What's New?
The PoD Roundtable
moderated by Bill Shoemaker


Shoemaker: Coming up playing jazz and improvised music, your impetus is to have your own sound, your own voice, which is distinguishable from past masters many musicians use as models. How is that process altered through the integration of electronics, signal processing and computers?

Linson: I think your question raises more questions than I can answer! Maybe the best place to start is by trying to unpack it a little. It seems to me that most of the past masters in the jazz tradition were already recognized as masters during their lifetimes, at least by their peers. So you had those who we think of as introducing new sounds, new voices, you had those on the same scene who distinguished themselves by developing their own sensibilities, and of course you had those who were content with limited forms of emulation. And this is certainly far too clean of a characterization. Things get murkier when you factor in questions about the relation of individual to group innovation and related problems like historically simultaneous independent innovation, which you hear about quite often in the sciences. Even the historical record can't clear up everything. Some of who we recognize as innovators even in the early documented stages saw themselves as trying to emulate someone else, maybe someone they once heard or a mentor -- in the earliest examples of this, people we will never get to hear. So assessing innovation and contribution is by no means clear-cut and I think this complicates matters when we seek common points of reference. Certain attributions of a sound, a voice, or even an influence are widely agreed upon, others are contested. In my view, a lot of innovation is still going on by the people who opened up the field of integrated electronics and acoustic instruments in live improvisation. At the same time, each generation (or even sub-generation) emerges during what is going on at that moment, so you can always get some sense of a longer, continuing lineage by connecting the dots. But the potential lines we can draw, even the ones that are in fact drawn, are in endless supply, governed to a greater or lesser extent by subjective abstraction, concrete evidence, ideological bias, etc. There are valid arguments that deal with a particular historical strand very narrowly, or ones that deal with, for example, all the music from the time immediately following WWII, even as individuals from narrowly-defined historical strands remained at odds with each other to varying degrees, by their own accounts or otherwise. People might object to certain associations, but there is no escaping our shared social totality. So in my opinion, when you are improvising with acoustic instruments and integrating electronics, you are still dealing with the histories that predate that practice, along with the originators of different components of the practice and anyone who continues to innovate in the field today, as well as with what we could call society at large. In that context, to have your own sound, your own voice, you try to be aware of what's out there and you try to figure out whether or not you have something to contribute. I think that remains constant whether or not electronics are involved in the equation.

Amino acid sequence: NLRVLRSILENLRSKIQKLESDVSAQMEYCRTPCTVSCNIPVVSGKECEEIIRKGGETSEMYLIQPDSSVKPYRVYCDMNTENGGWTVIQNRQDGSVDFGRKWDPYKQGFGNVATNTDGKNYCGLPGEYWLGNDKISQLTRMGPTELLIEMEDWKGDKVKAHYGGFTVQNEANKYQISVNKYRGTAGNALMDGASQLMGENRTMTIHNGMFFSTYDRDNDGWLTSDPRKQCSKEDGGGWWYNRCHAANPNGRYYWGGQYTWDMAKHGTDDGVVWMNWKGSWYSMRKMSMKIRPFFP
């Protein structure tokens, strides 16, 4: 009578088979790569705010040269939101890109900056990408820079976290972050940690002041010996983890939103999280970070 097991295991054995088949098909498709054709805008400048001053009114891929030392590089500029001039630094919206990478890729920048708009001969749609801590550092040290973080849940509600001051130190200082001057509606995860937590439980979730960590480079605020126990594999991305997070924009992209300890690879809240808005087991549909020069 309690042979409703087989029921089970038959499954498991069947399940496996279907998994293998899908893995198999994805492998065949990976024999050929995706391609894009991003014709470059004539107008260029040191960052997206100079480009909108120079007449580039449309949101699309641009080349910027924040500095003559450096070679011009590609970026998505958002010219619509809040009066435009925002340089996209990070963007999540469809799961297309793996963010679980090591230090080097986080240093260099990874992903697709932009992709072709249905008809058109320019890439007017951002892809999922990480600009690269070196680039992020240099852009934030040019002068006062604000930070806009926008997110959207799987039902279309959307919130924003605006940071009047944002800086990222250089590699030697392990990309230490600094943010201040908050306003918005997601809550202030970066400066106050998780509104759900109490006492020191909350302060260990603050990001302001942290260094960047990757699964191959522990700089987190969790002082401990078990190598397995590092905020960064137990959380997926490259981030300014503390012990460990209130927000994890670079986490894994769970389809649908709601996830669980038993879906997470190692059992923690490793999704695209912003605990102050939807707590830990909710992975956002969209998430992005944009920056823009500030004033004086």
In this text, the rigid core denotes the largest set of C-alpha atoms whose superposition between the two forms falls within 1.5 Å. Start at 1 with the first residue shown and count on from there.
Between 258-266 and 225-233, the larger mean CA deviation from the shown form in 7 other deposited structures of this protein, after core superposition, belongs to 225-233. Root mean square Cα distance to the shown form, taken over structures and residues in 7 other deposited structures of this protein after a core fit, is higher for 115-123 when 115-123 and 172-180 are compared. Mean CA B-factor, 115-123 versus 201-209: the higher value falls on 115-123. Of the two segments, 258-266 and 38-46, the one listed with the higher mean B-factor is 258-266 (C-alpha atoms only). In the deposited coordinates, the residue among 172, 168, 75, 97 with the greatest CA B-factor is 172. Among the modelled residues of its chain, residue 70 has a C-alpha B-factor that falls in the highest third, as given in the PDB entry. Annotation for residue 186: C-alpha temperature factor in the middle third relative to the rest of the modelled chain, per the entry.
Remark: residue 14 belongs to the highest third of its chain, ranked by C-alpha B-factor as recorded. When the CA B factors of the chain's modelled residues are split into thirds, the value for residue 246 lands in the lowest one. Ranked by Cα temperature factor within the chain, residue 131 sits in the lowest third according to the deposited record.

Ellis: I don’t believe in this idea of the individual crusading for a “voice.”  It does not really matter whether one is developing acoustic, or computer based music or both because finding your “own sound” is not like sending out a search party; it’s not simply a process that can be engaged.  Personally, I think the idea is overrated or at least, at its core, there is a misconception.  Having an original voice is a given, it comes with the territory, but it is something that each artist alone must recognize in themselves.  Over the course of time, one nurtures and accepts it rather than pursues it as an ideal.  It is not a belief to be bound to as in a pilgrimage towards some sort of higher truth.

An original sound cannot be manufactured.  Jumping on the band wagon of some current trend is not a way to ascertain ones authenticity.  Nor can one just dive off the sedan chair of tradition hoping for uniqueness.  These kinds of reactionary attitudes lead to being strapped down to the gurney of terrible aberrations.  I like deviant art; I like music and musicians that stray off course but when the departure is contrived and affected the results are hardly satisfying.